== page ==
After the GST Council passed the legislations, they will now have to be passed by Parliament and all State Assemblies to become law.
A nationwide Goods and Services Tax (GST) rollout by July 1 this year seems likely, as the GST Council passed four pieces of supporting legislation and ironed out most differences that had plagued the measure so far.
With this, the Bill will be taken up by the Cabinet for its approval and will be introduced in the Lok Sabha for passage in the current session itself.
Meanwhile, all states will have to pass the state GST laws for the Bill to become law.
Finance Minister Arun Jaitley, while briefing reporters after the GST Council meet last night, said that four pieces of supporting legislation had been cleared by the council so far - the Central GST, Integrated GST, Union Territories GST, and Compensation laws.
“The State GST laws will simultaneously go to state cabinets and their legislatures. We are hoping that all the states will get their laws cleared by Assemblies expeditiously. The government will try and get the supporting laws passed by Parliament in this session itself.”
This move will pave the way for a unified system of taxation from July 1.
Most states have started the exercise of their respective sales and commercial taxes departments sensitising traders on how to move forward and integrate e-filing into the expected GST regime.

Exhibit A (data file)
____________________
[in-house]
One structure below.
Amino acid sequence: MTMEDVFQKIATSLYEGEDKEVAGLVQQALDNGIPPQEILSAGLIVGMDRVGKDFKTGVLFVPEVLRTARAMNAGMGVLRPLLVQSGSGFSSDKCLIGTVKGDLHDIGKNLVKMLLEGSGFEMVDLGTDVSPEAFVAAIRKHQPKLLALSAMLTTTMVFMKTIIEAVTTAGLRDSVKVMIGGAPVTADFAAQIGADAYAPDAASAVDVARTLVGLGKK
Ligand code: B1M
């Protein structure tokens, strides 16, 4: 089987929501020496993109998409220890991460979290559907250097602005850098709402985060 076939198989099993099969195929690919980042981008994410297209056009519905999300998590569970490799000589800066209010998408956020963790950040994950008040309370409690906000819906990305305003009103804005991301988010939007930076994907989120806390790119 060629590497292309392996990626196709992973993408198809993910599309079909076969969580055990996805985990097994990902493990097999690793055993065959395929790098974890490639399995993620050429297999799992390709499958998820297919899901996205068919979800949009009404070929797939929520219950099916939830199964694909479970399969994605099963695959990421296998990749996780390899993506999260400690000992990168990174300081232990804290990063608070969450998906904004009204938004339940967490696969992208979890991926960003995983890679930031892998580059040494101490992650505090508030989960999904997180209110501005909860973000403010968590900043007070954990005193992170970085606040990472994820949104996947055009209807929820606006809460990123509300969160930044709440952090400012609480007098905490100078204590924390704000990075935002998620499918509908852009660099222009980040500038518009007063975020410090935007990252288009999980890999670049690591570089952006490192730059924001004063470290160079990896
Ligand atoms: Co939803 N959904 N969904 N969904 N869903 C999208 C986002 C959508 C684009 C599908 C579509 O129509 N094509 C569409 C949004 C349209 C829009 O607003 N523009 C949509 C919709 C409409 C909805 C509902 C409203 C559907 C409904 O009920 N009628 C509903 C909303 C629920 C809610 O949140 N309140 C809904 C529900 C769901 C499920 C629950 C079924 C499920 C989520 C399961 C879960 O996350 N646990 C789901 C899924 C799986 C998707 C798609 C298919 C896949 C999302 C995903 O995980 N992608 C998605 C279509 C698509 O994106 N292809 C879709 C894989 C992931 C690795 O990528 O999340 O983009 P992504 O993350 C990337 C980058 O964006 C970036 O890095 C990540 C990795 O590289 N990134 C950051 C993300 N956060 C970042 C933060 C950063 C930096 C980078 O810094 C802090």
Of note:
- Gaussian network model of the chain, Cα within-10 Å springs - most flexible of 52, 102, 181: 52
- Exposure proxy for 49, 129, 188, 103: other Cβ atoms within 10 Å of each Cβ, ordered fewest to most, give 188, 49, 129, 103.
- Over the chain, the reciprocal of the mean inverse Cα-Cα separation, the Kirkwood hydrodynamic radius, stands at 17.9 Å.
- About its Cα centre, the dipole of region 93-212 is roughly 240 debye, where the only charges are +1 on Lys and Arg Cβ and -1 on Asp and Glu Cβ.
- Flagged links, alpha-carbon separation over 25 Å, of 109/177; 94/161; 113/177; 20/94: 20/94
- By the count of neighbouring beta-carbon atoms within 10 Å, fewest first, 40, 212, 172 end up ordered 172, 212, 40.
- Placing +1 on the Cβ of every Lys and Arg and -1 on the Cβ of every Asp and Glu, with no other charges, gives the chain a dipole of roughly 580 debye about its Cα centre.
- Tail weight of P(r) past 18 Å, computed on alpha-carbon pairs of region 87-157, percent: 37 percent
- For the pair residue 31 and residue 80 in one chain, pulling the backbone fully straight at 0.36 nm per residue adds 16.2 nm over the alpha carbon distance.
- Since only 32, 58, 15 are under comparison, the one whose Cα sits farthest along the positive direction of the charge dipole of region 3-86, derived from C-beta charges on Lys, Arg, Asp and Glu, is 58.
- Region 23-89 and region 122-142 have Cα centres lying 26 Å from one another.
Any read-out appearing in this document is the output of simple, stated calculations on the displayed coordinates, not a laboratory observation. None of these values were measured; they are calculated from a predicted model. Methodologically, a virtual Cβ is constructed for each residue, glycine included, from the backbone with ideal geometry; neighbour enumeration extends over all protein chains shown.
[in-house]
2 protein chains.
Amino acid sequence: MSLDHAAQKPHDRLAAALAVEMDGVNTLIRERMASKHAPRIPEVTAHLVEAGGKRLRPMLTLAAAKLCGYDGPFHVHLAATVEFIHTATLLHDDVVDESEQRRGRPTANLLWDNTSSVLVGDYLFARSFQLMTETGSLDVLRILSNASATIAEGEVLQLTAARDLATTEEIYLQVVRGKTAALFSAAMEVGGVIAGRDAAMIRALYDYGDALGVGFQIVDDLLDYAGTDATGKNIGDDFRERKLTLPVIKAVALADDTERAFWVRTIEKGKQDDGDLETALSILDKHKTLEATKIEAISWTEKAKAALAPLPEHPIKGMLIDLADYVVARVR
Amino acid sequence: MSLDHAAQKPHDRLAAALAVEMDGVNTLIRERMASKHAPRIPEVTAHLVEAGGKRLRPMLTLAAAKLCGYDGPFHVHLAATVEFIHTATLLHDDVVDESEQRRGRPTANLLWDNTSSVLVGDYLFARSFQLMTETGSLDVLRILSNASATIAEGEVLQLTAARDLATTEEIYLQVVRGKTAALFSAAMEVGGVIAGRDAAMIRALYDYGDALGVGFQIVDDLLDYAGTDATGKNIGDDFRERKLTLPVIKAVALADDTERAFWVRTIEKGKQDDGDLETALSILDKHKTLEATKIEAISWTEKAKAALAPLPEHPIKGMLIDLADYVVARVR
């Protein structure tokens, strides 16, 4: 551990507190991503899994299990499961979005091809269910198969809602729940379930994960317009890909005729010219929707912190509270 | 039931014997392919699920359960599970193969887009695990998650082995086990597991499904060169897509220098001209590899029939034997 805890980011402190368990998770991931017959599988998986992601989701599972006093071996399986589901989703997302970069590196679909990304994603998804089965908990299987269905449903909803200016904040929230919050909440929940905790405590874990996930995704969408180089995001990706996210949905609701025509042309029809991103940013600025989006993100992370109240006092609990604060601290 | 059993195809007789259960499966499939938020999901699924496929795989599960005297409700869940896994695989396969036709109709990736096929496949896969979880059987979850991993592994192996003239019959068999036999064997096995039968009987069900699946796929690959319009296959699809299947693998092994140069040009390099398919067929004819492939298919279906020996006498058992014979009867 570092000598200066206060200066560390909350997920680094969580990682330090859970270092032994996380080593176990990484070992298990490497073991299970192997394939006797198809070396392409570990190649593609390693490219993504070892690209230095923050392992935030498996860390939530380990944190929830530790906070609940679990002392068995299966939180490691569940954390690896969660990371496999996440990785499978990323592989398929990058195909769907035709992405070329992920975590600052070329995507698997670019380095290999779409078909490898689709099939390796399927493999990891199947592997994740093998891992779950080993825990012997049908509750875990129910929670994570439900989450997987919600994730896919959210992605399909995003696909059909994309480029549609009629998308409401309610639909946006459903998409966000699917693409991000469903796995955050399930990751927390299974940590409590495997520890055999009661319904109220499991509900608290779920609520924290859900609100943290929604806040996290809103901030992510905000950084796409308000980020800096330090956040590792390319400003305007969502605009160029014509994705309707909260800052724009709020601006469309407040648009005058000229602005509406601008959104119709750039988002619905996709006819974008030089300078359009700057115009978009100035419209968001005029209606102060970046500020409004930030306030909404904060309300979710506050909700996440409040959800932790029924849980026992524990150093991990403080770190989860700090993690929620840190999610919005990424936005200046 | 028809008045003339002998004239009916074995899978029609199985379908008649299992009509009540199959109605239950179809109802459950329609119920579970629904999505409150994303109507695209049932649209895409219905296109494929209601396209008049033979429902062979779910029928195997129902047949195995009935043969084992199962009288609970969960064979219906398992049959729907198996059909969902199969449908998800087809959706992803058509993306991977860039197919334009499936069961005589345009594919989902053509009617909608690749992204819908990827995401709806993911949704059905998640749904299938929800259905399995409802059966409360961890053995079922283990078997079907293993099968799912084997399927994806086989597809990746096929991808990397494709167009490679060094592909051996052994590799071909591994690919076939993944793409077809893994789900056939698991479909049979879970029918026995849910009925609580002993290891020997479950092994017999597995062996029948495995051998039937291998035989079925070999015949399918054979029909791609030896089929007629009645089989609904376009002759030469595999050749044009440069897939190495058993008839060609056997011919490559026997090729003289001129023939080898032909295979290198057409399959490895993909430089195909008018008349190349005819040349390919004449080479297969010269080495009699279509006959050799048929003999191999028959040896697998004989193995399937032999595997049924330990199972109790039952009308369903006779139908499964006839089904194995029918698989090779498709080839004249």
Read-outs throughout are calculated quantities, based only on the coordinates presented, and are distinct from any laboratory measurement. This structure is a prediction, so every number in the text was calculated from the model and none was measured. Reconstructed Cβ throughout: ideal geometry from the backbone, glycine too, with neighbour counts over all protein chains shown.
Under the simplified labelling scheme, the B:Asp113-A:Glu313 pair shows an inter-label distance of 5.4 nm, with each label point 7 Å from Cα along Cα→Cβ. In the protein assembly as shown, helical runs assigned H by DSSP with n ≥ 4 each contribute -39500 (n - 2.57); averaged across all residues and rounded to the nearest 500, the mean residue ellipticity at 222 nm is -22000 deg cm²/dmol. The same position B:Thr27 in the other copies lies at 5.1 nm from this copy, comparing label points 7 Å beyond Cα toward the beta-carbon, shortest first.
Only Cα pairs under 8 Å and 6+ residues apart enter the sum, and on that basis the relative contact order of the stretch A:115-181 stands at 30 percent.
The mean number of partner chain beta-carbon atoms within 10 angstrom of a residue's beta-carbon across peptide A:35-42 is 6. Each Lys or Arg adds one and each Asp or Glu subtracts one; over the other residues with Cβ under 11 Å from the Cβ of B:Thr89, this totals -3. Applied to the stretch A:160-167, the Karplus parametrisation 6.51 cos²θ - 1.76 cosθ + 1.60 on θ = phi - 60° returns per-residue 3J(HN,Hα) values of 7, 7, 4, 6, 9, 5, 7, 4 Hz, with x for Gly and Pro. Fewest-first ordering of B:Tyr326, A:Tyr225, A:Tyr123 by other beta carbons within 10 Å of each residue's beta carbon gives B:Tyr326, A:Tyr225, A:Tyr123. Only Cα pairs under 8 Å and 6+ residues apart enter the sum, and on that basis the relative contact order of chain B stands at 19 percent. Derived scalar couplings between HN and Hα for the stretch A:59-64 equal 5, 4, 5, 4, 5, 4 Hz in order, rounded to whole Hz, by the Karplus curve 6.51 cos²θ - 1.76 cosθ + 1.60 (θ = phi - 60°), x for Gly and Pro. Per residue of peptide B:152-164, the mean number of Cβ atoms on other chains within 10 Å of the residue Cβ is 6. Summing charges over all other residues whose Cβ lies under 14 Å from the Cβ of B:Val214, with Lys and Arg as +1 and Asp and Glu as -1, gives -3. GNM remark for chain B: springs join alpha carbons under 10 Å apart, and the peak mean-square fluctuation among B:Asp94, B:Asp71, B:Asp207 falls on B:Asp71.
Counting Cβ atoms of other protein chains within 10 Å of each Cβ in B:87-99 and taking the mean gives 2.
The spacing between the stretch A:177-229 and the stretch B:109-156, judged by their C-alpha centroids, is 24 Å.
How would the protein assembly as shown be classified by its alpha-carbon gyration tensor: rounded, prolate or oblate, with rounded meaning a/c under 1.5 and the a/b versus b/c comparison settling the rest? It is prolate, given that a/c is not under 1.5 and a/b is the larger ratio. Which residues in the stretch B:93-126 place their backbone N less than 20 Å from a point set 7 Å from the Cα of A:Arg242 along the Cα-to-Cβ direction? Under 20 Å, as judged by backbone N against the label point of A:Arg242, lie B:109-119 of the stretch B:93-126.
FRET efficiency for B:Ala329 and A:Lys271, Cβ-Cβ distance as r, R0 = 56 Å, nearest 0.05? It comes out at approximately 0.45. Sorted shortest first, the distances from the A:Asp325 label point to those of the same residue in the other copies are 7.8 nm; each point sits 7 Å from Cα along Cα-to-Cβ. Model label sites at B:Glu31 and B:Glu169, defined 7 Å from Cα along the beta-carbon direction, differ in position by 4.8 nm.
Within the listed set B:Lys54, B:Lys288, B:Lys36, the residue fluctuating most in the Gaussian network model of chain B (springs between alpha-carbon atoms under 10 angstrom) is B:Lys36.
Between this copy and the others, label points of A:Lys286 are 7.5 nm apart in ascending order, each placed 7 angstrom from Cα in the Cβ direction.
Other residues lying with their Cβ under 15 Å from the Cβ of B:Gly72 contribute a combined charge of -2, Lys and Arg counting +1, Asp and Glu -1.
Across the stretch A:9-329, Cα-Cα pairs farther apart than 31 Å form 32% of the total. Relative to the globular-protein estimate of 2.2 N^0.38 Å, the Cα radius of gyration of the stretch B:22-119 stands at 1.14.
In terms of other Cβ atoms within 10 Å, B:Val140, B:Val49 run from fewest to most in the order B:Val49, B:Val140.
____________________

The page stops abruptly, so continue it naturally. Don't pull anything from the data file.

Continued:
At its meeting, the GST Council capped the cess on four items, including luxury and sin goods, at 15 percent, while the cap was as high as 135 percent on pan masala and 290 percent on tobacco. Jaitley explained that cess on luxury goods will remain at 12 percent, but the cap was fixed higher taking future adjustments into consideration.
Most states that were opposing the GST and asking for a greater share, such as Tamil Nadu, have managed to resolve their issues. Karnataka has asked for bidis, or the poor man’s cigarette, not to be exempted, as the state is a major producer and exporter of bidis, which account for a good share of its revenue. The Council has so far not taken any decision on the matter.
With these steps, the GST is ready for a July 1 rollout, which seemed impossible a few months ago as various pieces of related legislation were stuck due to a lack of consensus and Parliamentary numbers, as well as states opposing the move or wanting to include their own items on the list.
The GST Council will meet again on the last day of this financial year to pass valuation, transition, and IT rules for the GST rollout.